Can Soy Help Menopause Symptoms?

  • Medical Author:
    Melissa Conrad Stöppler, MD

    Melissa Conrad Stöppler, MD, is a U.S. board-certified Anatomic Pathologist with subspecialty training in the fields of Experimental and Molecular Pathology. Dr. Stöppler's educational background includes a BA with Highest Distinction from the University of Virginia and an MD from the University of North Carolina. She completed residency training in Anatomic Pathology at Georgetown University followed by subspecialty fellowship training in molecular diagnostics and experimental pathology.

  • Medical Editor: William C. Shiel Jr., MD, FACP, FACR
    William C. Shiel Jr., MD, FACP, FACR

    William C. Shiel Jr., MD, FACP, FACR

    Dr. Shiel received a Bachelor of Science degree with honors from the University of Notre Dame. There he was involved in research in radiation biology and received the Huisking Scholarship. After graduating from St. Louis University School of Medicine, he completed his Internal Medicine residency and Rheumatology fellowship at the University of California, Irvine. He is board-certified in Internal Medicine and Rheumatology.

Take the Menopause Quiz

Ask the experts

I read that soy isoflavones help ease menopause symptoms, is this true?

Doctor's response

Isoflavones are chemical compounds found in soy and other plants that are phytoestrogens, or plant-derived estrogens. They have a chemical structure that is similar to the estrogens naturally produced by the body, but their effectiveness as an estrogen has been estimated to be much lower than true estrogens. Two types of isoflavones, genistein and daidzein, are found in soy beans, chick peas, and lentils, and are considered to be the most potent estrogens of the phytoestrogens. Still, the estrogen potency of phytoestrogens is estimated to be only 1/1000 to 1/100,000 of that of estradiol, natural estrogen.

Some studies have shown that these compounds can help relieve the symptoms of menopause, and many women do use soy products to help control the symptoms of menopause. In particular, women who have had breast cancer and do not want to take hormone therapy (HT) with estrogen sometimes use soy products for relief of menopausal symptoms. However, some phytoestrogens can actually have anti-estrogenic properties in certain situations, and the overall risks of these preparations have not yet been determined. For example, researchers have shown that long-term use of phytoestrogens in postmenopausal women led to an increase in endometrial hyperplasia (overgrowth of the tissues lining the uterus) which can be a precursor to cancer. Further research is needed to fully characterize the safety and potential risks of phytoestrogens.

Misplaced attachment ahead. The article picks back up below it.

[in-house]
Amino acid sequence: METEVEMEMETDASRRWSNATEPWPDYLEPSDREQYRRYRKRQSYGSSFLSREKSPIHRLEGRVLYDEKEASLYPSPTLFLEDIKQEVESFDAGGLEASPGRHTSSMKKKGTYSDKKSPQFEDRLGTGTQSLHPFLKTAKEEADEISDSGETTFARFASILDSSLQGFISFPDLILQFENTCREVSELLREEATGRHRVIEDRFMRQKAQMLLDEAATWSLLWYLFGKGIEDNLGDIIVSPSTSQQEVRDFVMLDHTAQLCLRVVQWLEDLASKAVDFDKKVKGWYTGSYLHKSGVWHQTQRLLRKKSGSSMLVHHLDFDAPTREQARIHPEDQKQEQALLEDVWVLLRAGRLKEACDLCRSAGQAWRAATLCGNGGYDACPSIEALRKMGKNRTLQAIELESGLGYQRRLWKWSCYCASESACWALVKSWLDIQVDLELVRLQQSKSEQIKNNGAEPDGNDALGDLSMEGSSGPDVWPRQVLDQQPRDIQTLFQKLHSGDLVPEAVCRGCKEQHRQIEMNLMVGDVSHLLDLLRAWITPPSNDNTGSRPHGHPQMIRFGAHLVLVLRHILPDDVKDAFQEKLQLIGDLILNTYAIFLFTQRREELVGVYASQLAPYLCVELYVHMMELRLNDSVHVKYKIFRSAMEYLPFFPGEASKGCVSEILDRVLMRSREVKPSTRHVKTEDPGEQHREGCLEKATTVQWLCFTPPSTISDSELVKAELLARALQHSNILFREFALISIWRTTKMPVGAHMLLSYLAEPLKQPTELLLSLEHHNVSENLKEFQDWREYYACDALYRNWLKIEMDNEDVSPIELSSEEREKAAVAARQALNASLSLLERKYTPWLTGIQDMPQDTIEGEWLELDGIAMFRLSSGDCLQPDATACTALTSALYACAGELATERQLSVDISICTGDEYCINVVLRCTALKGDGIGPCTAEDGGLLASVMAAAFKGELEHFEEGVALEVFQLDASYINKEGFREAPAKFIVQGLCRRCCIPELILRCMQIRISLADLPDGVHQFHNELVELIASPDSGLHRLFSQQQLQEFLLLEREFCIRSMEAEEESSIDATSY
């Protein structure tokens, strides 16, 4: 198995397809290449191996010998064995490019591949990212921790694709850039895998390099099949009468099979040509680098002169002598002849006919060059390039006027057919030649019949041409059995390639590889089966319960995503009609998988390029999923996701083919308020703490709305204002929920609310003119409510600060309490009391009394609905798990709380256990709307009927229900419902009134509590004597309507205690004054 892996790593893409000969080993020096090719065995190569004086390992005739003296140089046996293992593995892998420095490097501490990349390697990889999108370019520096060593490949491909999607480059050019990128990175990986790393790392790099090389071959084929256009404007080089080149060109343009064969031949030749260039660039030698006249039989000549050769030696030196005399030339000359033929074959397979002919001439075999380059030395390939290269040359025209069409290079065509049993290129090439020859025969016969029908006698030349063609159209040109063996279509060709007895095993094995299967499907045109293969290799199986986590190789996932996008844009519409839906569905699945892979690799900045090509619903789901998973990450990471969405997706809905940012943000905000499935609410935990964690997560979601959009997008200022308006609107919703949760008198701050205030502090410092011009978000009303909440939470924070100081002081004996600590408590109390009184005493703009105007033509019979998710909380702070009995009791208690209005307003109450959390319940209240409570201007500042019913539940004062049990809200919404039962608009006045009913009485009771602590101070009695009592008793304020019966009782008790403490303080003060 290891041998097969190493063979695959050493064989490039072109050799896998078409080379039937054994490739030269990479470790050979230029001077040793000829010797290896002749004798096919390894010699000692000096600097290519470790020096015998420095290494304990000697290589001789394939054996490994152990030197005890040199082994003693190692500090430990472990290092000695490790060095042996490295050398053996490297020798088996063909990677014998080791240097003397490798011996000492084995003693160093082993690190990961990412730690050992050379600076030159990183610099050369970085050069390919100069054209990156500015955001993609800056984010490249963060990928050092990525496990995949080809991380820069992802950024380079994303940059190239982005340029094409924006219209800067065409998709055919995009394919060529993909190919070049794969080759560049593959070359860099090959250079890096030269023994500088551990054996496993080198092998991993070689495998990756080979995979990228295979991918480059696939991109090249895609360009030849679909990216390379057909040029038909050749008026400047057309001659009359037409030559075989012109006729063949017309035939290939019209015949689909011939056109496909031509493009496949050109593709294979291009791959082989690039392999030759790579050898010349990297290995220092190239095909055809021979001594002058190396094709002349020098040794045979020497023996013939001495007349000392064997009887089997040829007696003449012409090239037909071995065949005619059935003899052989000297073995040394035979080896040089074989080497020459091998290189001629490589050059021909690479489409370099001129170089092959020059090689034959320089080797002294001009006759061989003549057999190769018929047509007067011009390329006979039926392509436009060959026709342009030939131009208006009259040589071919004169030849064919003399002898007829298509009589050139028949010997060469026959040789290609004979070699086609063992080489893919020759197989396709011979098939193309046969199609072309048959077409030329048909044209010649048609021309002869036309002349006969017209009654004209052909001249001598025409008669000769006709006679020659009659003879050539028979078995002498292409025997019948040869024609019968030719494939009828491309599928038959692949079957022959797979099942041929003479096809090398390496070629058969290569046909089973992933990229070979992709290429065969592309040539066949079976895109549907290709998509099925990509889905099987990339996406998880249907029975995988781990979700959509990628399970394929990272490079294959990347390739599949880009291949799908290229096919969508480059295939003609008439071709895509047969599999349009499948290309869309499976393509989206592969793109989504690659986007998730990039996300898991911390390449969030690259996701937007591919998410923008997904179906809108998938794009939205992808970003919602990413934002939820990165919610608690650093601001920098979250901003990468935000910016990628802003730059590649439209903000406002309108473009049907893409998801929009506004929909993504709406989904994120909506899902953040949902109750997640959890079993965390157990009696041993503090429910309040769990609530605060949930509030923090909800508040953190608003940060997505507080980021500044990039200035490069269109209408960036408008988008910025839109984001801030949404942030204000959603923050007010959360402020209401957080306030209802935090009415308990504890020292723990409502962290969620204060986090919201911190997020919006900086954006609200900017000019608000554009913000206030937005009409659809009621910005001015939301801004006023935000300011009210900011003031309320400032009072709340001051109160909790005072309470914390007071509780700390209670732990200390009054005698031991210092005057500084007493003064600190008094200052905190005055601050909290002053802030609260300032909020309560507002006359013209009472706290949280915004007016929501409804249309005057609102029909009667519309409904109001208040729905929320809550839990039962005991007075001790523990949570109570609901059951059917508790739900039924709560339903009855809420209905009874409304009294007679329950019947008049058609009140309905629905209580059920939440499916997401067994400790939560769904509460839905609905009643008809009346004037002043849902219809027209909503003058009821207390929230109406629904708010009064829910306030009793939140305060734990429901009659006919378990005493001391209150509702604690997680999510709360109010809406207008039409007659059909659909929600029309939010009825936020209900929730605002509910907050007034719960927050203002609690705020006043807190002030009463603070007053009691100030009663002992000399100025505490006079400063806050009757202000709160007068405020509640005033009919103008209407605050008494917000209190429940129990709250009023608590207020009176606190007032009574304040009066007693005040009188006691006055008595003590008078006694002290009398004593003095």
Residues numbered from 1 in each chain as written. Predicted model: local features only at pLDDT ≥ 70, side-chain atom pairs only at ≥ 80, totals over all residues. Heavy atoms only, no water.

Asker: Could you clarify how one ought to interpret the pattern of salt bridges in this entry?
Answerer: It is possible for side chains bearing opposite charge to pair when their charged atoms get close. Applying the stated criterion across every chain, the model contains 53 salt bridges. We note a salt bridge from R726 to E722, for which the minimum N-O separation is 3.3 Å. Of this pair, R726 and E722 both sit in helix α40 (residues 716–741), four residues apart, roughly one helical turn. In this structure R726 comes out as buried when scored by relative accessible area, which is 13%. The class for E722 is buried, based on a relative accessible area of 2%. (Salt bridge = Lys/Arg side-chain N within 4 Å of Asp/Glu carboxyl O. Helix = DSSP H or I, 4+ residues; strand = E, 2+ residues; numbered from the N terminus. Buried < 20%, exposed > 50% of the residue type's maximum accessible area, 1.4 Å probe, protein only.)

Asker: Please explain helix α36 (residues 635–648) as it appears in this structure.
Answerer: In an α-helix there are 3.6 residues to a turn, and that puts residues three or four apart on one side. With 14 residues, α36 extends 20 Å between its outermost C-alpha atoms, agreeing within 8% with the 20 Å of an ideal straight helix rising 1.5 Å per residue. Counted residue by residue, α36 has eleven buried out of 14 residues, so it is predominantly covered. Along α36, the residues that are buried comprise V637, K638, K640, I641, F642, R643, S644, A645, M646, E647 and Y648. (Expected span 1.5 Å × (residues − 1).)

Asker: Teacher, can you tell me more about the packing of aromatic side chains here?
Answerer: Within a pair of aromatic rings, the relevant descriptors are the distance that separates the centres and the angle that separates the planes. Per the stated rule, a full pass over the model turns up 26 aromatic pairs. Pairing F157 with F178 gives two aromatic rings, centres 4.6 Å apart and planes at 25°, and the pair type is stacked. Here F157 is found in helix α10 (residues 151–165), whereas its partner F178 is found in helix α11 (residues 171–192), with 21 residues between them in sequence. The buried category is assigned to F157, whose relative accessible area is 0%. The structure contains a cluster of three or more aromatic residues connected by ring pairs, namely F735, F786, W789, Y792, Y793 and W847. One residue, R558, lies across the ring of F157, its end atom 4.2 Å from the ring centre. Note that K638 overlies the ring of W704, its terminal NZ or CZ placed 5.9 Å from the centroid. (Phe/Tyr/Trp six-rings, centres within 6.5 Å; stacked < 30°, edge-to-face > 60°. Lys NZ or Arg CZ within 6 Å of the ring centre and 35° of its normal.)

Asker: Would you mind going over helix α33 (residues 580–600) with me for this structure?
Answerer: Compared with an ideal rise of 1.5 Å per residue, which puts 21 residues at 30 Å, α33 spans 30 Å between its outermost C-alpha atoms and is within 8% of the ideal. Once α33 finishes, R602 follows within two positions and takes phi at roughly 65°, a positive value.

There is also a perception among many women that these products are "natural" and therefore safer than HT, but this has never been proven scientifically. If you are experiencing uncomfortable symptoms of menopause, your doctor can help you decide what type of treatment is appropriate for your individual situation.

Medically reviewed by John A. Daller, MD; American Board of Surgery with subspecialty certification in surgical critical care

REFERENCE:

"Patient education: Nonhormonal treatments for menopausal symptoms (Beyond the Basics)"
UpToDate.com


Quick GuideMenopause & Perimenopause: Symptoms, Signs

Menopause & Perimenopause: Symptoms, Signs

Subscribe to MedicineNet's Women's Health Newsletter

By clicking Submit, I agree to the MedicineNet's Terms & Conditions & Privacy Policy and understand that I may opt out of MedicineNet's subscriptions at any time.

Reviewed on 8/2/2017

Health Solutions From Our Sponsors